West African leaders met in Ghana on Sunday to discuss a response to Mali's second coup in nine months, which has sparked warnings of fresh sanctions and deep concerns over stability in the volatile Sahel region.
Kicking off the talks, Ghana's President Nana Akufo-Addo stressed the region's "commitment to a peaceful transition" in Mali.
Presidents Muhammadu Buhari of Nigeria, Alassane Ouattara of Ivory Coast and Burkina Faso's Marc Christian Kabore were among those attending the extraordinary summit, which came as another deadly jihadist attack underscored Mali's chronic instability.
Former Nigerian president Goodluck Jonathan, mediator in the crisis, was also present.
"I urge your excellencies to remain resolute in supporting the people of Mali to find a peaceful solution and restore democracy and stability in the country," said Akufo-Addo, whose country holds the rotating presidency of the Economic Community of West African States (ECOWAS).
"I reiterate, on behalf of ECOWAS, our continued commitment to the peaceful transition in Mali with the basic goal of restoring democratic government and stability in Mali and in our region," he said.
Mali's new president Colonel Assimi Goita had arrived in the Ghanaian capital Accra on Saturday for preliminary talks.
Goita led the young army officers who overthrew Mali's elected president Ibrahim Boubacar Keita last August over perceived corruption and his failure to quell a bloody jihadist insurgency.
After the takeover, the military agreed to appoint civilians as interim president and prime minister under pressure from ECOWAS.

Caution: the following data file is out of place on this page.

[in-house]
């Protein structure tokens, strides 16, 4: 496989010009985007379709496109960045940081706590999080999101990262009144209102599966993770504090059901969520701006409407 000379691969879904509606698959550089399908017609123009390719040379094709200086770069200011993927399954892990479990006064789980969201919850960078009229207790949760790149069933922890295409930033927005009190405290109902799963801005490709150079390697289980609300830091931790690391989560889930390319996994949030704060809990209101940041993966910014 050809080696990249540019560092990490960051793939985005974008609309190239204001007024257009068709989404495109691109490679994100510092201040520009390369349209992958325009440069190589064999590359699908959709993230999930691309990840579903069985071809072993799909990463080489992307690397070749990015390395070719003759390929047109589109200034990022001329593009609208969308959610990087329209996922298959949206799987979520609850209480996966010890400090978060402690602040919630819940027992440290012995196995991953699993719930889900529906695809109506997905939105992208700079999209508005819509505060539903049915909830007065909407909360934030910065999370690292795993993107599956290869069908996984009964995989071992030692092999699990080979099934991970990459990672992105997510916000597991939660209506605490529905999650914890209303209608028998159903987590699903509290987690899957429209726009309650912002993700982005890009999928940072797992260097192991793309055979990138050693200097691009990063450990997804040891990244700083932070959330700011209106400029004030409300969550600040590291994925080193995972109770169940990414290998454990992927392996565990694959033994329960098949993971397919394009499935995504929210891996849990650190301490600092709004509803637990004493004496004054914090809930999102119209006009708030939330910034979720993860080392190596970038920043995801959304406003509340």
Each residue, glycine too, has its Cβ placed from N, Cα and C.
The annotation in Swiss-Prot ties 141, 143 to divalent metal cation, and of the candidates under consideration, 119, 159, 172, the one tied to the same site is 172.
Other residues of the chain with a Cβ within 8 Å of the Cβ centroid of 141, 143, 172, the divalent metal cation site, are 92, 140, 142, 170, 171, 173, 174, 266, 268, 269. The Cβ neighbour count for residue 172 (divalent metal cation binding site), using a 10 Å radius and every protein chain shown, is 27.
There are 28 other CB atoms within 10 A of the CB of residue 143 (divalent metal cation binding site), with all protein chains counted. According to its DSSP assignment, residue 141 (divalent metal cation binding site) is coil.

But on Monday, soldiers detained transitional president Bah Ndaw and prime minister Moctar Ouane, releasing them on Thursday while saying that they had resigned.
The twin arrests triggered a diplomatic uproar and marked Mali's second apparent coup within a year.
Mali's constitutional court completed Goita's rise to full power on Friday by naming him transitional president.
With the junta going back on its previous commitment to civilian political leaders, doubts have been raised about its other pledges, including a promise to hold elections in early 2022.
The junta said this week it would continue to respect that timetable, but added that it could be subject to change.
- Five dead in fresh attack -
Mali's presidency said on its Facebook page that Goita would hold one-on-one talks with Akufo-Addo in Accra "as well as bilateral meetings with partners and friends of Mali".
ECOWAS issued sanctions against Mali after the August coup before lifting them when the transitional government was put in place.
The 15-nation bloc has warned of reimposing sanctions on the country, as have the United States and former colonial power France.
French leader Emmanuel Macron said in an interview with the Journal du Dimanche newspaper published Sunday that Paris "could not stay by the side of a country where there is no longer democratic legitimacy or a transition".
And he warned that France would pull its troops out of Mali if the country lurches towards radical Islamism under Goita's leadership.
France has around 5,100 troops in the region under its anti-jihadist operation Barkhane, which spans five countries in the Sahel -- Burkina Faso, Chad, Mali, Mauritania and Niger.
Four civilians and a police officer were killed Sunday by suspected jihadists in southern Mali, a region that has previously been mostly spared from the country's Islamist unrest, a security official said on condition of anonymity.
The unidentified men attacked a checkpoint near the town of Bougouni, around 100 kilometres (60 miles) from Mali's borders with Ivory Coast and Guinea between 3:30 am (0330 GMT) and 4:00 am, the official said. A local lawmaker confirmed the attack.
Mali is among the world's poorest countries, and the previous ECOWAS sanctions hit hard.